Get Task & Purpose in your inbox
This Animation Tells The True Story Of A Soldier Who Was Lynched For Being Black In 1898
In 1898, on a sweltering summer day in mid August, Army Pvt. James Neely of the all-black 25th Infantry Regiment was on leave in the small town of Hampton, Georgia, on a day pass from his post at Fort Hobson.
Neely had just returned home from Cuba where he and his regiment had served in the Spanish-American War with distinction. Like any soldier back in the states after serving abroad, he was was proudly wearing his uniform when he stepped into a local drugstore to escape the heat.
But this was the Jim Crow-era South, and the white drugstore owner told Neely he had to go around back. An argument broke out between the two men, and Neely was thrown out of the store. The altercation drew an armed and angry crowd that chased Neely down the road and shot him he was still wearing his uniform. He died of his wounds that day.
Neely’s murder is the subject of an animated short film produced by the Equal Justice Initiative and former Storycorps animator and director Julie Zammarchi.
Visually, the animation places a strong emphasis on bold and blunt emotional content. The narrative and its tragic outcome drives the story forward and keeps your focus to the end, which sees Neely’s name set against a backdrop of countless others who suffered the same fate for speaking out against Jim-Crow era laws.
The Equal Justice Initiative, an Alabama-based civil rights advocacy group, detailed Neely’s murder in a comprehensive report on the lynching of black veterans. The most recent report is the follow-up to a larger investigation by EJI, that was published in 2015 and documented more than 4,000 lynchings of African-Americans between 1877 and 1950.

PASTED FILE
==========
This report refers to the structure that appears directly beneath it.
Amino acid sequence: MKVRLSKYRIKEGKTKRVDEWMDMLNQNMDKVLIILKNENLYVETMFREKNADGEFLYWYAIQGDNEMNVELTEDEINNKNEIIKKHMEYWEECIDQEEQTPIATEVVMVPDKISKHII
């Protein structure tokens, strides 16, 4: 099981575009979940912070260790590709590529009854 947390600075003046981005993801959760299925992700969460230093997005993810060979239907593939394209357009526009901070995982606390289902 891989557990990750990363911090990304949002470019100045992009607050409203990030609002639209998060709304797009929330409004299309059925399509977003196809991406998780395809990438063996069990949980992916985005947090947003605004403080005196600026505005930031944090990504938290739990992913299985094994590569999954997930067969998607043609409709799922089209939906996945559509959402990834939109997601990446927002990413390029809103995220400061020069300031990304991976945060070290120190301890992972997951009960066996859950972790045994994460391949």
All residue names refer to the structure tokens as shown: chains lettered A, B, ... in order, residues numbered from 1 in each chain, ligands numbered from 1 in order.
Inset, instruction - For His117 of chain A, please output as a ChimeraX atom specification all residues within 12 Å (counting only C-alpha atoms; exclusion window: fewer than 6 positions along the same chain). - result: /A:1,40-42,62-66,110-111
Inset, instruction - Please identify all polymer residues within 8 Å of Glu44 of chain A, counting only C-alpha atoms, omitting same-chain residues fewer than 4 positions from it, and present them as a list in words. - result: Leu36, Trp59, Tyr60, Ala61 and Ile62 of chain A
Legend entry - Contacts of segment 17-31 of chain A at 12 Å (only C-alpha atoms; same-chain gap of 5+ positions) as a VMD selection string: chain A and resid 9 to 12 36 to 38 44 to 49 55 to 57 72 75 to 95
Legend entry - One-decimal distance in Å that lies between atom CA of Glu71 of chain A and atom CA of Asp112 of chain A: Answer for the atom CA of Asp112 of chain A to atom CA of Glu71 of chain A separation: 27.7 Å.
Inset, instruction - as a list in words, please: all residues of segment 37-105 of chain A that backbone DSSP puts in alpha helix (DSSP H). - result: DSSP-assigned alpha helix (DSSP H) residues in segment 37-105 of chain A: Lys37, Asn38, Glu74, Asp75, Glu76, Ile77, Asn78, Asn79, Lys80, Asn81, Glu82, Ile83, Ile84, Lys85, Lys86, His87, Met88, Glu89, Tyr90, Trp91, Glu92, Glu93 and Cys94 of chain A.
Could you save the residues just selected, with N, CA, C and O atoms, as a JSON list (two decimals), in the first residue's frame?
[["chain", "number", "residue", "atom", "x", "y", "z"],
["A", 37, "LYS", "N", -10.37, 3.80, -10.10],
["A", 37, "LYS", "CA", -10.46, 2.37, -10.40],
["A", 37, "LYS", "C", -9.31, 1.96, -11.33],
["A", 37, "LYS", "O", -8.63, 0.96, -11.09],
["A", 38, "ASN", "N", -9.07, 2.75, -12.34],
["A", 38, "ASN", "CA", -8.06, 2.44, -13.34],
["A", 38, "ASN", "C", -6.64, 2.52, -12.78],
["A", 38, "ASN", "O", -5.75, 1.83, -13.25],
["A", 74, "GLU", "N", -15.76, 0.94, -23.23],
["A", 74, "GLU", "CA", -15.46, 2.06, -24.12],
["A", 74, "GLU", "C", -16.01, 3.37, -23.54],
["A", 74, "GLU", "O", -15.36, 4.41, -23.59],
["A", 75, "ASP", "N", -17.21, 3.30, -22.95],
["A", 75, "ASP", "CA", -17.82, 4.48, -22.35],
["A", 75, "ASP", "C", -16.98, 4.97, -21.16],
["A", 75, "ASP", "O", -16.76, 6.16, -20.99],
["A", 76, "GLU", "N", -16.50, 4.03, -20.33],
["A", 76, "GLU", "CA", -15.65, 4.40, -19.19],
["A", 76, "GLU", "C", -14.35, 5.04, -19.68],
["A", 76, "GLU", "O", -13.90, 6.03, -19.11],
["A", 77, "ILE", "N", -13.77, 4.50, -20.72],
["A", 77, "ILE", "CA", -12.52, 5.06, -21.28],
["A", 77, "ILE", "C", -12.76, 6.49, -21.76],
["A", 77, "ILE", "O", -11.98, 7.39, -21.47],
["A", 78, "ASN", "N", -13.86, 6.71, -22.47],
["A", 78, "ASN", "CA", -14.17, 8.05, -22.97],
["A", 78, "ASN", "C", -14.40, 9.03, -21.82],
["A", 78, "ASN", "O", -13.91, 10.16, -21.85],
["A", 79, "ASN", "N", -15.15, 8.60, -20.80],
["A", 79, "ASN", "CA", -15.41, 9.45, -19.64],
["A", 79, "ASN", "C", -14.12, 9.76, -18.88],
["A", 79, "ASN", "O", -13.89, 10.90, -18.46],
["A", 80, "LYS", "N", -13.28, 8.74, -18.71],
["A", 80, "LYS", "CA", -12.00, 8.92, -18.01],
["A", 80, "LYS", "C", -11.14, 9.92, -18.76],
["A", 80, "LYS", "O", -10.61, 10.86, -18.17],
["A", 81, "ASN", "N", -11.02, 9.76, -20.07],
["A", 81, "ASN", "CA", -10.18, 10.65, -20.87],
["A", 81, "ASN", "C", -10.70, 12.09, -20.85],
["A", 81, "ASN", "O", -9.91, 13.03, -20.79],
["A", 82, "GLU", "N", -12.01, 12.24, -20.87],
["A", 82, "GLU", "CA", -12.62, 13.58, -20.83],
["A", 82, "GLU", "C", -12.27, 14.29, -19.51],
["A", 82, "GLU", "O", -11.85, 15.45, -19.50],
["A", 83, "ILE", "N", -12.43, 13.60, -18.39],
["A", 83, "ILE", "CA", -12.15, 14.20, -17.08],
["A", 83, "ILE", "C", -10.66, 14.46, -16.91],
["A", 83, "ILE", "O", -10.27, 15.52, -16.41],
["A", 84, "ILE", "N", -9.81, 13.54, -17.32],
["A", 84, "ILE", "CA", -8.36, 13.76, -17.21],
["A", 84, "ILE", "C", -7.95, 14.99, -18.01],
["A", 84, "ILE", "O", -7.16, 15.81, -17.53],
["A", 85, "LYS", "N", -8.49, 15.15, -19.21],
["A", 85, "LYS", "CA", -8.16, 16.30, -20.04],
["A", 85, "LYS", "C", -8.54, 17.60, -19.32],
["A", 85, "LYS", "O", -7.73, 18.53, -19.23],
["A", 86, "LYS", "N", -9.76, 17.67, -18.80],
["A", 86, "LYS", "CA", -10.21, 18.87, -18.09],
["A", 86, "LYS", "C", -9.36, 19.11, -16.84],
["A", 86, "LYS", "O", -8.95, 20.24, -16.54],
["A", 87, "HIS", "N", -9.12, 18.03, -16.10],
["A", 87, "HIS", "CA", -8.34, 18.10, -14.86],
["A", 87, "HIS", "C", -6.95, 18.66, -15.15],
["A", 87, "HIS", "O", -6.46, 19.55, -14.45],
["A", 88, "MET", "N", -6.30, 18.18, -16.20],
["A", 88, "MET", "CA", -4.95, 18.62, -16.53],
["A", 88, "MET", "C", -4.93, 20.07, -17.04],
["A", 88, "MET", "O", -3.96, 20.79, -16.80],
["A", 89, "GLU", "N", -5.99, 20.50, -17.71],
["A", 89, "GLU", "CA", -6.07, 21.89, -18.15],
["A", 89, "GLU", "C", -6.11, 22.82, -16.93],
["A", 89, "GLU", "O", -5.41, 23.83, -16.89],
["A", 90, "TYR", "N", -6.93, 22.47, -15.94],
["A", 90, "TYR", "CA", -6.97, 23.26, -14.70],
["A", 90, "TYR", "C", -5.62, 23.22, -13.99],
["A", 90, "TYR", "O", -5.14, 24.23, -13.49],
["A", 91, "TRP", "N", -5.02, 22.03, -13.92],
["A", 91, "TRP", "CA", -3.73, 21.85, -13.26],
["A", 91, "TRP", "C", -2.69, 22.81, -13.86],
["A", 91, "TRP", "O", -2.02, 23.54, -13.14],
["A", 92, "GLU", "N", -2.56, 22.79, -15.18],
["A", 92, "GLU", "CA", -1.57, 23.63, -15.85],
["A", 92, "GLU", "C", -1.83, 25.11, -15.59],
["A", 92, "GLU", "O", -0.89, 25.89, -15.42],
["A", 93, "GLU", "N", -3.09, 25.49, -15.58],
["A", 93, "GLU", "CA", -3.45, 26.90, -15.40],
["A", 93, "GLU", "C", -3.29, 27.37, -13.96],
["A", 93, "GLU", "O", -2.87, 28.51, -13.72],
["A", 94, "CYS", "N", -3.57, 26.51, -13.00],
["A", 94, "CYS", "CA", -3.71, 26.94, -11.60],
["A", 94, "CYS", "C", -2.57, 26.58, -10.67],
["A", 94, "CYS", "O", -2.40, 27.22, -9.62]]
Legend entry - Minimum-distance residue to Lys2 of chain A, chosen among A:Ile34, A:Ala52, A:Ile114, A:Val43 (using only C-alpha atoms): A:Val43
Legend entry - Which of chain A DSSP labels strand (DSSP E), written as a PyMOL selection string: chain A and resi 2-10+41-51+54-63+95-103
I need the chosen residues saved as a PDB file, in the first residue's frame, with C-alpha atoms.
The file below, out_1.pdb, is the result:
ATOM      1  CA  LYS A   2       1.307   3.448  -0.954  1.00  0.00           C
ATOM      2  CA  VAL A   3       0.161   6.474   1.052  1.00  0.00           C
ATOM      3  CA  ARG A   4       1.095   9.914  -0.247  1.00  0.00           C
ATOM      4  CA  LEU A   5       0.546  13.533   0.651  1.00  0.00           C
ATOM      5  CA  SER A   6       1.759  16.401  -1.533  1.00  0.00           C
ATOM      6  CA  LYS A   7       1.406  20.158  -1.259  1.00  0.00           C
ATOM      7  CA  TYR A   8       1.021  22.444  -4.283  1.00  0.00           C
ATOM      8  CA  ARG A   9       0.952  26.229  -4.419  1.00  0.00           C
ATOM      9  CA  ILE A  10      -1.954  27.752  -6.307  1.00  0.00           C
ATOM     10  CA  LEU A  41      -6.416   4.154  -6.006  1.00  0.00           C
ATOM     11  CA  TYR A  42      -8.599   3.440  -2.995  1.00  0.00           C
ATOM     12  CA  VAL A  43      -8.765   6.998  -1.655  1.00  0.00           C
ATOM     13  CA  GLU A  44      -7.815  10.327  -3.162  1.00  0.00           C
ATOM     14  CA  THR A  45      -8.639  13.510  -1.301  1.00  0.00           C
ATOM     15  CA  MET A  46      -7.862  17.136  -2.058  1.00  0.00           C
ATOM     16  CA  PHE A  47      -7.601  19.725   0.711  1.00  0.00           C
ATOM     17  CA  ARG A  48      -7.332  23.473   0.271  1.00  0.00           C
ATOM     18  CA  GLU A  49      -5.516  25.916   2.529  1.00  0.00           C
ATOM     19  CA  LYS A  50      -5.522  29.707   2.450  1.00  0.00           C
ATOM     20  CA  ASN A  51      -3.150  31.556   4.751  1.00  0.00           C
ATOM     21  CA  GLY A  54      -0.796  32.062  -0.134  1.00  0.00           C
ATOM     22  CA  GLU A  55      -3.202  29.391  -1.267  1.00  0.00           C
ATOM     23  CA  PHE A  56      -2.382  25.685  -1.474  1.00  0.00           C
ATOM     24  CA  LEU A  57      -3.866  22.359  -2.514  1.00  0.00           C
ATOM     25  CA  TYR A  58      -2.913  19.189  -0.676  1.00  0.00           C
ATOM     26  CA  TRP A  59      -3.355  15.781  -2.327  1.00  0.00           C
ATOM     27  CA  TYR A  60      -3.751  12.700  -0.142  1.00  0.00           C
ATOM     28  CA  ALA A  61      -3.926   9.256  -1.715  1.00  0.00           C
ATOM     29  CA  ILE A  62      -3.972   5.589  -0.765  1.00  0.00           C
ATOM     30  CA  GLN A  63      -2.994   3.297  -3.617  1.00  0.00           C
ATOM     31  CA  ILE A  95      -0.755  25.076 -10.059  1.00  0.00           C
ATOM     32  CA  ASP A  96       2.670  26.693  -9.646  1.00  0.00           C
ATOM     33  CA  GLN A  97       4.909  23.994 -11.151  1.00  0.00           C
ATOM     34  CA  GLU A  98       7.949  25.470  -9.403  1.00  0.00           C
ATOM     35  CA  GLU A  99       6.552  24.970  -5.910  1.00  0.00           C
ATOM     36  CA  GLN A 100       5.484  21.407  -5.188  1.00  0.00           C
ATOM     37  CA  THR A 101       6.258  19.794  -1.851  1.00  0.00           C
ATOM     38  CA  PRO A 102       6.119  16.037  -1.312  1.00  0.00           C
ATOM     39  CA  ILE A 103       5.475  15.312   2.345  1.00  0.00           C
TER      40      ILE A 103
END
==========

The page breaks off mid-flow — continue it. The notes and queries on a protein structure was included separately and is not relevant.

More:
The video is narrated by actor Chris Chalk, who appears in “The Newsroom,” “Homeland,” Law & Order,” and the film “12 Years A Slave.”
Watch the animation below.
U.S. special operations forces are currently field testing a lightweight combat armor designed to cover more of an operator's body than previous protective gear, an official told Task & Purpose.
The armor, called the Lightweight Polyethylene (PE) Armor for Extremity Protection, is one of a handful of subsystems to come out of U.S. Special Operations Command's Tactical Assault Light Operator Suit (TALOS) effort that media outlets dubbed the "Iron Man suit," Navy Lieutenant Cmdr. Tim Hawkins, a SOCOM spokesman, told Task & Purpose on Wednesday.
Military families are suing their private housing provider over 'rampant mold infestation' at Fort Meade
Ten military families are taking their privatized housing provider, Corvias, to court over "appalling housing conditions and cavalier treatment" at Fort Meade in Maryland, according to a new lawsuit.
The lawsuit filed on Tuesday by law firm Covington & Burling —which is handling the lawsuit pro bono, according to their press release — details "distressingly similar stories of poorly maintained infrastructure leading to serious problems, such as mold growing on walls, windows, and pipes," at the the installation.
The lawsuit was first reported by the Washington Post. The defendants identified include Corvias Management-Army LLC and Meade Communities, LLC, which is a part of Corvias.
WASHINGTON (Reuters) - Senior Democratic and Republican lawmakers presented dueling narratives on Wednesday as a U.S. congressional impeachment inquiry that threatens Donald Trump's tumultuous presidency entered a crucial new phase with the first televised public hearing.
The drama unfolded in a hearing of the House of Representatives Intelligence Committee in which two career U.S. diplomats - William Taylor and George Kent - voiced alarm over the Republican president and those around him pressuring Ukraine to conduct investigations that would benefit Trump politically.
A system that intercepts enemy rockets and a brand-new munition? Tank you very much.
The Navy is looking into the possibility of sending explosive ordnance disposal units on shorter and possibly more frequent deployments, service officials said on Wednesday.
Right now, EOD techs train for 18 months and deploy for another six months as part of their optimized fleet response plan, but the Navy is conducting a review of that training and deployment cycle, Navy officials told reporters.
A Navy analysis is looking at whether EOD techs should spend a total of 32 or 36 months training and deployed per cycle, said Capt. Oscar Rojas, who leads Explosive Ordnance Disposal Group 1 in San Diego.